Canna Law Blog
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As if you do not already have enough to remember in running your cannabis business among all the rules, regulations, and reporting requirements, here’s one more thing for you. Businesses that deal in cash need to remember IRS Form 8300. The IRS requires that all businesses — not just banks — report cash transactions exceeding $10,000. If you follow this nifty FAQ, you will see that your cannabis business (almost certainly a wholesaler) will need to file Form 8300 within 15 days after the date you receive a cash payment of more than $10,000, in the following circumstances:

  • One lump sum of over $10,000, or
  • Two or more related payments totaling more than $10,000, or
  • Payments received as part of a single transaction (or two or more related transactions) that cause the total cash received within a 12-month period to total more than $10,000.

If received in the course of trade or business, from the same payer (or agent), and received in a single transaction or in two or more related transactions.

Cash in these situations means currency and coins, however, Form 8300 may also need to be filed for transactions involving cashier’s checks, bank drafts, or money orders if:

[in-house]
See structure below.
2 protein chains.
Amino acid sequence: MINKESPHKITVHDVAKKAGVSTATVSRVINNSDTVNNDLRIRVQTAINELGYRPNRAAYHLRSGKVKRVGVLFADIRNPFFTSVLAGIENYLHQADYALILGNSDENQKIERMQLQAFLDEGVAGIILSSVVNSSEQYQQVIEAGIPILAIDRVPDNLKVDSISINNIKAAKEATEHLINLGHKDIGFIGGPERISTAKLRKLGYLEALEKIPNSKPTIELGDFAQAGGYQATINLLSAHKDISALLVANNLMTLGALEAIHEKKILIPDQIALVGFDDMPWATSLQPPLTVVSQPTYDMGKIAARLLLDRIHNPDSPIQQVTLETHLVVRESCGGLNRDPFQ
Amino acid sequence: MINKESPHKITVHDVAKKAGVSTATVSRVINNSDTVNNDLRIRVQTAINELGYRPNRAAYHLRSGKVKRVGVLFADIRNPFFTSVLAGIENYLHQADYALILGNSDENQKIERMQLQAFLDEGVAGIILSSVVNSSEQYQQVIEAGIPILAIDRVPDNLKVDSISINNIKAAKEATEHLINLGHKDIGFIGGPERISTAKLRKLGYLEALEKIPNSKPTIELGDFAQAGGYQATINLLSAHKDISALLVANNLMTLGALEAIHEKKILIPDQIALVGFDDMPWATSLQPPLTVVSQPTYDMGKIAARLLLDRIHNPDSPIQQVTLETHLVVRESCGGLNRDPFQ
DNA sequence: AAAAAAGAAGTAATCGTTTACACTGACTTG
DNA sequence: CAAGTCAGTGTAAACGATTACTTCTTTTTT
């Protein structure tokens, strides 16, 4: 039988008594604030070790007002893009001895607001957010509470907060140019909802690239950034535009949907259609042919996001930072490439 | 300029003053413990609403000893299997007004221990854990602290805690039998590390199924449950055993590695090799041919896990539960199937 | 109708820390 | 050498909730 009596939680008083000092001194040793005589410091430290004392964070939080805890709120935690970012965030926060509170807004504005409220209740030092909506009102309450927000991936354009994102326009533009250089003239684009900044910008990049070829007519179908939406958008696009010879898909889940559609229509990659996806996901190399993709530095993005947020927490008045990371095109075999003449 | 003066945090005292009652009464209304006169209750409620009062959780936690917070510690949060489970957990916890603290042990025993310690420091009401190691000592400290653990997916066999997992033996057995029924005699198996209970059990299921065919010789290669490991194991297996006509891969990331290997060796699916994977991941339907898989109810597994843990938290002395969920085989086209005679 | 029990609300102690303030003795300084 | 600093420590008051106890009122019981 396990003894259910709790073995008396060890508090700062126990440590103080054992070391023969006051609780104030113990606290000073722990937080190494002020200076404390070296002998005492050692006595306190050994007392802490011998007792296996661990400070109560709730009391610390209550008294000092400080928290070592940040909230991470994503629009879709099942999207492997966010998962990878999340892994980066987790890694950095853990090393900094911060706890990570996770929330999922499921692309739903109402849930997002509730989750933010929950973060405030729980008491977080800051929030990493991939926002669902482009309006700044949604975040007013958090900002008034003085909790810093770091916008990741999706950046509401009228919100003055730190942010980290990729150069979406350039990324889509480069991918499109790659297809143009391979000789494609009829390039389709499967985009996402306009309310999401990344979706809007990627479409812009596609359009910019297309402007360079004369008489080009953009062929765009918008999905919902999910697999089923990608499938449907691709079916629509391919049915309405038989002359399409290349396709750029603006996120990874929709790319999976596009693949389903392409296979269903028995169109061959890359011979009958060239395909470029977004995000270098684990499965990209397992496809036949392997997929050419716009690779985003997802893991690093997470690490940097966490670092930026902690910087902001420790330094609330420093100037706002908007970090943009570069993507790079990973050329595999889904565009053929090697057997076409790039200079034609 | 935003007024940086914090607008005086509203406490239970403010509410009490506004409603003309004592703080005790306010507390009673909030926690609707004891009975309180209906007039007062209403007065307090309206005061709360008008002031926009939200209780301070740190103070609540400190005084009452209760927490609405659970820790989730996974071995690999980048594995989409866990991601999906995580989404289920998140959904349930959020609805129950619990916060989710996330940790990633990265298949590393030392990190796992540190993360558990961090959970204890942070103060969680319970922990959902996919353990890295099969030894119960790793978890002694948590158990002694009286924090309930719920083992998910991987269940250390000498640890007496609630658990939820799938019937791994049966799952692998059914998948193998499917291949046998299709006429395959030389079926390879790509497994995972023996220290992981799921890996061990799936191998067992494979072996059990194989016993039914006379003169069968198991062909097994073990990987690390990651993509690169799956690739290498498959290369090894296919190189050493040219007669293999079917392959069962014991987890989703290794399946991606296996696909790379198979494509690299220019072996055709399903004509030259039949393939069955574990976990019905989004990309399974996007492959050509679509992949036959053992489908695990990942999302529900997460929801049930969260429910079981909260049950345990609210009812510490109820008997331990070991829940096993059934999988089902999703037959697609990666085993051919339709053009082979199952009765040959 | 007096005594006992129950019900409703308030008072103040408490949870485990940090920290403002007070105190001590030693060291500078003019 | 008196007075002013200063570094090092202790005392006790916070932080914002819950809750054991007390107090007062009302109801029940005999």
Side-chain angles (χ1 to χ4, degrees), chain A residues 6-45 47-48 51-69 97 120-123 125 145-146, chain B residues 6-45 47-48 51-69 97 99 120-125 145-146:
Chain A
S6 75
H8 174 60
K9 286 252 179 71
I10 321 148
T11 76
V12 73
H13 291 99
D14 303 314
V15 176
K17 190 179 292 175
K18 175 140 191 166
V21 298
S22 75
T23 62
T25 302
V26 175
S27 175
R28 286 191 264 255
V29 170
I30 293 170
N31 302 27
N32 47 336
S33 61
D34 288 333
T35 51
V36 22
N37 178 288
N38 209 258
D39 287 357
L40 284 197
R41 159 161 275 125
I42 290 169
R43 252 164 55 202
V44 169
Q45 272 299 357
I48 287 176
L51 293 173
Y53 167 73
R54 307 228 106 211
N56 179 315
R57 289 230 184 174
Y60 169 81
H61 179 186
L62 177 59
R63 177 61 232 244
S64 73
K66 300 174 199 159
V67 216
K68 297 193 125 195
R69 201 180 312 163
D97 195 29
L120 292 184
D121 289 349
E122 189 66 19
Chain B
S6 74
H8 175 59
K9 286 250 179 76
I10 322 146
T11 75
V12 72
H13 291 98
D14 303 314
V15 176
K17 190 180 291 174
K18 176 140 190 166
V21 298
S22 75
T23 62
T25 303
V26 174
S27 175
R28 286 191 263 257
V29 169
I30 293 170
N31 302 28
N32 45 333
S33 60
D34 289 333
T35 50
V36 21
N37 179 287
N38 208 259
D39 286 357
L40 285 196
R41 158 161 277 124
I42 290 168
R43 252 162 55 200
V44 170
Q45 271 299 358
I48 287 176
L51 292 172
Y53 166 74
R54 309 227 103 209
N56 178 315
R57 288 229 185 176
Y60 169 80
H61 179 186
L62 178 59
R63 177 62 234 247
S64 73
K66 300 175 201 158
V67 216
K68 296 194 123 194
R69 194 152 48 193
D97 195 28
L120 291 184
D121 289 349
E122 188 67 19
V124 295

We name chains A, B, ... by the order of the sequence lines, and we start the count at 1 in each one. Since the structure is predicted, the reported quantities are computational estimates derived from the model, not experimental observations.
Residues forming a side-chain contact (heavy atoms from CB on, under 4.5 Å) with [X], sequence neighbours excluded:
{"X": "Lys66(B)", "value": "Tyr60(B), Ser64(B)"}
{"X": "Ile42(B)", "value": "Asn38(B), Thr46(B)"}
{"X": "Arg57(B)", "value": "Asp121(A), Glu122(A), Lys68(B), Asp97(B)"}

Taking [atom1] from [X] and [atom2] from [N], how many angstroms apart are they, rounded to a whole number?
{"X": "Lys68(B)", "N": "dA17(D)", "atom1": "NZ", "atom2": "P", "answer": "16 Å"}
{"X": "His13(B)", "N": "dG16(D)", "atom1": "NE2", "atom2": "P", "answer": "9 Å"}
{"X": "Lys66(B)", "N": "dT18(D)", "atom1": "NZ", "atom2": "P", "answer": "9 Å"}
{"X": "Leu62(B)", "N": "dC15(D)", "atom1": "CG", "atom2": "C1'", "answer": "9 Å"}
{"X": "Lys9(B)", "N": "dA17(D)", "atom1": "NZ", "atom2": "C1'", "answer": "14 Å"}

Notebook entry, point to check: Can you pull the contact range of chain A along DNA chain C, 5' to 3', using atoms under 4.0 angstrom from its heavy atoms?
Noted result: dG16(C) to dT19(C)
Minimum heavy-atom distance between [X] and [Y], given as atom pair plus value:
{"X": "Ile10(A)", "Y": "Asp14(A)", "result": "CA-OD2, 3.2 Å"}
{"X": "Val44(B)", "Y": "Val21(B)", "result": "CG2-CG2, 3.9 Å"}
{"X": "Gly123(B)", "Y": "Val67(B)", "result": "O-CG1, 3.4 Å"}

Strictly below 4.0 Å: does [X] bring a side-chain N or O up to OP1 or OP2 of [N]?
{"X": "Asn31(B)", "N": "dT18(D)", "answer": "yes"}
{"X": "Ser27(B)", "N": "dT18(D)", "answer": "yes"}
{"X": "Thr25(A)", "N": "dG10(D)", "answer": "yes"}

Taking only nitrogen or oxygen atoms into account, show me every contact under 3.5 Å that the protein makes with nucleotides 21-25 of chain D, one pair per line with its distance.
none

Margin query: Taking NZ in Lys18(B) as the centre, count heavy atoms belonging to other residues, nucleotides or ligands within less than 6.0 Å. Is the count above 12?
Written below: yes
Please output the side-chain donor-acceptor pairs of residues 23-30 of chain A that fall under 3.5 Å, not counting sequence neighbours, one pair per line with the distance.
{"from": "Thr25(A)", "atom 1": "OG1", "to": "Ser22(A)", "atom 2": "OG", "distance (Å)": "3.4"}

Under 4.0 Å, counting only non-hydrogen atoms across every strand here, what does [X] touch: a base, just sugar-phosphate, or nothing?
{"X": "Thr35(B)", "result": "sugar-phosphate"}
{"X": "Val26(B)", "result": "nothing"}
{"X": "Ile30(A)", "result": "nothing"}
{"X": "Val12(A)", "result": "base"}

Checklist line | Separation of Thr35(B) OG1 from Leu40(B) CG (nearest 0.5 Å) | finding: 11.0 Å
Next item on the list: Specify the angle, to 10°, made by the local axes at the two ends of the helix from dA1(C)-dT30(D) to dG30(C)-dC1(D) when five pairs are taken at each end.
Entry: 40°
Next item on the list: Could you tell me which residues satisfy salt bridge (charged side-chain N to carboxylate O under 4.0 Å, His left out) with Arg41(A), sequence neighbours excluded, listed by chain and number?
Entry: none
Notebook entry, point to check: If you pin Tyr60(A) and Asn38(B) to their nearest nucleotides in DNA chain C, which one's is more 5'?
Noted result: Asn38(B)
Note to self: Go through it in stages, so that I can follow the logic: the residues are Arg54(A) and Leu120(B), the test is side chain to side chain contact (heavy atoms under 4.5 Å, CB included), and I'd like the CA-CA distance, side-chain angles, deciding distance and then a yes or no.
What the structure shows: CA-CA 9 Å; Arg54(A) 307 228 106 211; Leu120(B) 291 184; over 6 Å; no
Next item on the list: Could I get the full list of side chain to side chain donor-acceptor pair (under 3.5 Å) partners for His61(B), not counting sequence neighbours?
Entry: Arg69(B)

• The transaction is a retail sale of a consumer durable, a collectible, or a travel or entertainment activity (rare for wholesalers), or
  • Is a transaction in which the recipient (you) knows the payer is trying to avoid the reporting of the transaction on Form 8300.

You should remind your sales and accounting departments of these rules, as they can be easy to forget.

It will not be rare for cannabis wholesalers to receive $10,000 cash payments, so these rules likely will sometimes be relevant in your business. The feds treat the $10,000 reporting rules similar to how they treat certain types of drug possession and tax evasion — they use them as a way to nab people they suspect of bigger offenses. In this case, an attorney who failed to file a Form 8300 for money received from the illegal sale of marijuana got 18 months in prison. Did he really get that for forgetting a form? No, it appears he got such a stiff sentence for holding large amounts of money for illegal drug trafficking, but the indictment was for not filling out a piece of paper.

Bottom Line: This stuff is serious. Make sure you take care of it.

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The Canna Law Blog™ is a forum for discussion about the practical aspects of cannabis law and how it impacts those involved in this growing industry. We will provide insight into how canna businesspeople can use the law to their advantage…

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Disclaimer

Please be mindful that possessing, using, distributing and selling marijuana are all federal crimes and that this blog is not intended to give you any legal advice, much less lead you to believe that marijuana is legal under federal law.